The roadside area was the creation of attorney Thomas Binkley Prince, who was born in Texas in 1913. Prince attended Arizona State University and became a lawyer, practicing law for a time in Phoenix, Arizona. But soon he and his wife Janet moved to the Mojave Desert on Highway 91 and opened their first Thing roadside attraction and curio shop, between Barstow and Baker. However, the expansion of the road into an interstate highway brought about the loss of the building, and in 1965 the Prince family packed up The Thing and moved to the current location in Arizona. Prince chose the location to be near Texas Canyon, a site that he had become "enchanted" with. A heart condition and several strokes led to Prince's death in 1969 at the age of 56. Janet ran the attraction for several years, but eventually relocated to Baltimore.
The origin of The Thing was established by Syndicated columnist Stan Delaplane, who interviewed Janet Prince in 1956. Prince told him, "[A] man came through here about six years ago. He had three of [the bodies] he got somewhere. He was selling them for $50." Today, the attraction is operated by an Albuquerque-based company, Bowlins, Inc., which owns several roadside trading posts throughout the Southwest.
Advertisement and popularity
The Thing is heavily advertised via billboards that dot the interstate. A popular, albeit untrue, legend states that the billboards stretch from New Orleans to Los Angeles. Mike Bowlin, the owner of the site in 1993, noted that the billboards realistically "start around El Paso to the east and somewhere on I-10 between Phoenix and Tucson to the west." RoadsideAmerica.com claims that over 247 billboards, spread out over a span of 200 miles, advertise the attraction. Due to The Thing's popularity, it has appeared in many books, such as Doug Kirby's New Roadside America (1992), Weird Arizona (2007) and it once was featured in a Jane Pauley television special on NBC. It is also referenced in the song "The Church of Logic Sin and Love" (1992), by The Men.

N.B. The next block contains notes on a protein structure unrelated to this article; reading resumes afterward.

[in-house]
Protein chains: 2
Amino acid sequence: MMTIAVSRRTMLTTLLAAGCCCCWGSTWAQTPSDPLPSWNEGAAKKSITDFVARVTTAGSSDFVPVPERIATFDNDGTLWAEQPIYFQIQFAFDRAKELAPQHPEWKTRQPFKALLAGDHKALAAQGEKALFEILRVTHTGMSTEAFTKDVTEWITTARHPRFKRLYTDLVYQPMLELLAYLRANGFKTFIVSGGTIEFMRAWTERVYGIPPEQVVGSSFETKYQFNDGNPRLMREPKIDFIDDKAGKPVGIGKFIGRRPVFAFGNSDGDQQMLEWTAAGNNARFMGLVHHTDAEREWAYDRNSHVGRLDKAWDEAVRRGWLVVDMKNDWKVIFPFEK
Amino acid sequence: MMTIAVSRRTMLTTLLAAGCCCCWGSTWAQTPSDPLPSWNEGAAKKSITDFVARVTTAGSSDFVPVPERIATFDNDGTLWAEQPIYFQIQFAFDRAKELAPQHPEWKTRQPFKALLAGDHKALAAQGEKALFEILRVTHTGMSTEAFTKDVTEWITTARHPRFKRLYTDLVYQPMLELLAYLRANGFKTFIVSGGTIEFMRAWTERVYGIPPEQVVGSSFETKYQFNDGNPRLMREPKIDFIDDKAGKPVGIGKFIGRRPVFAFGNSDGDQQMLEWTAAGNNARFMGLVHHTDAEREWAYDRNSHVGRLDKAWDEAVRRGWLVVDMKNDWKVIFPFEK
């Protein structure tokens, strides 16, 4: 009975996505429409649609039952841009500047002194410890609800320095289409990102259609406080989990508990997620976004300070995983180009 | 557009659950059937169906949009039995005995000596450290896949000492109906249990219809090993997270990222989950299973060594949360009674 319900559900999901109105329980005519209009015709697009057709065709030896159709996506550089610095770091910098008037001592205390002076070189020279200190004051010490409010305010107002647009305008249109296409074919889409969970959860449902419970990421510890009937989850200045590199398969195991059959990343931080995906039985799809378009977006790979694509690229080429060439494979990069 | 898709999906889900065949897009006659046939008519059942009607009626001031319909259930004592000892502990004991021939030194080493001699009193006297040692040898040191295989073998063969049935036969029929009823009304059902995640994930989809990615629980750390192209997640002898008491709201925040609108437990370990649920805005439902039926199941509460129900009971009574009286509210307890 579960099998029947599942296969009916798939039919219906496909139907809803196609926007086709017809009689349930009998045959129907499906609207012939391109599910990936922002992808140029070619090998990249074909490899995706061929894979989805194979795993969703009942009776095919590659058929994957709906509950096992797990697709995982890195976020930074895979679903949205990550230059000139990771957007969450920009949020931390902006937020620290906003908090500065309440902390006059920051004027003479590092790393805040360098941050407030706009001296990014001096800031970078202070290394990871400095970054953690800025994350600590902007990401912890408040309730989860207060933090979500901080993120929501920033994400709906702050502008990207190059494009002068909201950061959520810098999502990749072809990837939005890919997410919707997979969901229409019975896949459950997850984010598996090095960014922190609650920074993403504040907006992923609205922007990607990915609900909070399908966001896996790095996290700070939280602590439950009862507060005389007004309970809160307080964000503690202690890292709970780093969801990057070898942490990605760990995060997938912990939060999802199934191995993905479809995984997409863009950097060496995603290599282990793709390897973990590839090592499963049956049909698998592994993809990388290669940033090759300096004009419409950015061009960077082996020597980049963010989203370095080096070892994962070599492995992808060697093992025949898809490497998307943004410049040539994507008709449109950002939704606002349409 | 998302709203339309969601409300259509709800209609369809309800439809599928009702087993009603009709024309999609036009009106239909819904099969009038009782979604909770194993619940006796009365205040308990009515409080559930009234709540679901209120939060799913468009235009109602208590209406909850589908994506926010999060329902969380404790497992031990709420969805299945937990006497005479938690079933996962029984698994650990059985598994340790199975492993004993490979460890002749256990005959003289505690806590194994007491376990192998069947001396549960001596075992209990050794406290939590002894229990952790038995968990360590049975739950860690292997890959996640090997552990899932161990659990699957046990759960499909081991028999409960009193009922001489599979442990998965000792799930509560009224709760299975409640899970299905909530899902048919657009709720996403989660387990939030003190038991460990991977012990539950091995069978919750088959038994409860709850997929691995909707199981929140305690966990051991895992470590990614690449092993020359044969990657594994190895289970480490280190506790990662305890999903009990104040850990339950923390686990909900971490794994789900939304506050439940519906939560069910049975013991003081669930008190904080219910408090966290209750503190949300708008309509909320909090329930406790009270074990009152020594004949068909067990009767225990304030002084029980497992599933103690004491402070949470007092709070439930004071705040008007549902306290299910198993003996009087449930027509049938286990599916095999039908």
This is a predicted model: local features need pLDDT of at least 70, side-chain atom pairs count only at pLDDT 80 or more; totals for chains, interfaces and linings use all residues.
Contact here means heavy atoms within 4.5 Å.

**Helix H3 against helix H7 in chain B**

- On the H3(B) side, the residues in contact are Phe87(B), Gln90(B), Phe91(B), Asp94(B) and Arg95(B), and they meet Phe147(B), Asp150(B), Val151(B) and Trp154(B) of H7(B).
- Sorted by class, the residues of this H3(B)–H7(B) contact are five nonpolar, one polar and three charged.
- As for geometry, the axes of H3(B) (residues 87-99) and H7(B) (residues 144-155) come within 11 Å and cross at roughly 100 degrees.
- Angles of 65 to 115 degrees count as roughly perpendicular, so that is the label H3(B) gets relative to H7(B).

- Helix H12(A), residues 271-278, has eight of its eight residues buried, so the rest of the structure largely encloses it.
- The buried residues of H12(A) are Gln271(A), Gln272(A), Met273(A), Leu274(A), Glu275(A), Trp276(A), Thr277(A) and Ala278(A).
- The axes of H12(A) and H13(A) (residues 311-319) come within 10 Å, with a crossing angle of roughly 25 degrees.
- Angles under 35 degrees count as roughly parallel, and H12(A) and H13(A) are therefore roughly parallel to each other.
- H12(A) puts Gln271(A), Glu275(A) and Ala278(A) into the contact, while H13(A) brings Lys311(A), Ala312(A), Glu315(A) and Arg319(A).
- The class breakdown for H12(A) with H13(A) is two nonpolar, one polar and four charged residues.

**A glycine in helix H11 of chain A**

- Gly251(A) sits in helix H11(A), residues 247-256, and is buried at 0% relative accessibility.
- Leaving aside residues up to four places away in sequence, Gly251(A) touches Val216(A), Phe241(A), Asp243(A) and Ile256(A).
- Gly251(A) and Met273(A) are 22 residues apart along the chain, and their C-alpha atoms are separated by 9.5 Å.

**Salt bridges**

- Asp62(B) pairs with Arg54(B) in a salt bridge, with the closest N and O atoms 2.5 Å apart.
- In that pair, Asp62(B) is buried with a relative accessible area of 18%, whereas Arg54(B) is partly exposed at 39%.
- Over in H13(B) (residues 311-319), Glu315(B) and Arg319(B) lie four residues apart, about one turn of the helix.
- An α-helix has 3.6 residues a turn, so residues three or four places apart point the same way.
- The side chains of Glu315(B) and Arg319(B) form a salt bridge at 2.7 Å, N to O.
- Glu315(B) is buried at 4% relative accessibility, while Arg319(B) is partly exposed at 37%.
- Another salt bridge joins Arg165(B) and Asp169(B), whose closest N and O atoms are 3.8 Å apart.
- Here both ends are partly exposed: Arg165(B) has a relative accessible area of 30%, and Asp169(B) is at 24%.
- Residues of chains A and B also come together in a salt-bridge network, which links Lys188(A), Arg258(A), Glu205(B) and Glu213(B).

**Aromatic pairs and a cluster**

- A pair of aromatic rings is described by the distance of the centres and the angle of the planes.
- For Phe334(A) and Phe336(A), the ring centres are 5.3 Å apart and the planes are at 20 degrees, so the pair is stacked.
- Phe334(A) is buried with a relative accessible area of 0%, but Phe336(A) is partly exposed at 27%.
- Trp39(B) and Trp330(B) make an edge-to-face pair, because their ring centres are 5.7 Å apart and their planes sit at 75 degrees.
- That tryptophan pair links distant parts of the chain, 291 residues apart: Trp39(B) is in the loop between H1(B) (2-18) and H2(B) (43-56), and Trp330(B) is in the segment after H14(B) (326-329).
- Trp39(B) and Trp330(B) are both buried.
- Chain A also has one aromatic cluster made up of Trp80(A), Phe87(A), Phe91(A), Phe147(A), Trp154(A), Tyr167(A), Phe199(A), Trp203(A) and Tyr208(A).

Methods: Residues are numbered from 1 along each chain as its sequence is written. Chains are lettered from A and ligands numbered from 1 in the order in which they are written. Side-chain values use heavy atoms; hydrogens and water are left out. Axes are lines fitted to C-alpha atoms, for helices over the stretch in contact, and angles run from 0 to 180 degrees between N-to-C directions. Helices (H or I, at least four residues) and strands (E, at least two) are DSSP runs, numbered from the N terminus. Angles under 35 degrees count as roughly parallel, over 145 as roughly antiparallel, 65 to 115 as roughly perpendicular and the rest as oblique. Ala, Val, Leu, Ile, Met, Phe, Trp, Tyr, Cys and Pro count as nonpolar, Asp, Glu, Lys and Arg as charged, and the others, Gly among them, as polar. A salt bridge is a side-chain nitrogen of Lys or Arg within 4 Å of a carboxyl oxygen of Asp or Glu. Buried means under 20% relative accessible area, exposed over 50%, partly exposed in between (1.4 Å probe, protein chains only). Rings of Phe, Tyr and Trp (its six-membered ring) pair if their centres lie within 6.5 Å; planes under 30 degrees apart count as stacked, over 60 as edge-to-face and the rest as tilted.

- Treat, Wesley (2007). Weird Arizona: Your Travel Guide to Arizona's Local Legends and Best Kept Secrets. Sterling Publishing Company. pp. 94–95. ISBN 9781402739385.
- Walker, Dave (January 27, 1993). "Shrine to a Road Scholar". Phoenix News Times. Retrieved March 20, 2015.
- Kor, Linda (April 11, 2012). "Mummified African Pygmies? In Holbrook?". Arizona Journal. Retrieved July 6, 2013.
- Gutel, Gene (March 10, 2005). "Pilgrimage to 'The Thing' in the Arizona Desert". National Public Radio. Retrieved July 6, 2013.
- Delaplane, Stan (September 7, 1970). "Postcard: They Call Her Susie". San Antonio Express. p. 8. Retrieved March 20, 2015.
- "The Thing?, Dragoon, Arizona". RoadsideAmerica.com. Retrieved March 21, 2015.
- "Men The - Church Of Logic Sin And Love Lyrics". Song Lyrics. Retrieved April 30, 2015.
The Thing ahead sixty miles, do not miss / Not for the squeamish or depressed, not for the unbelievers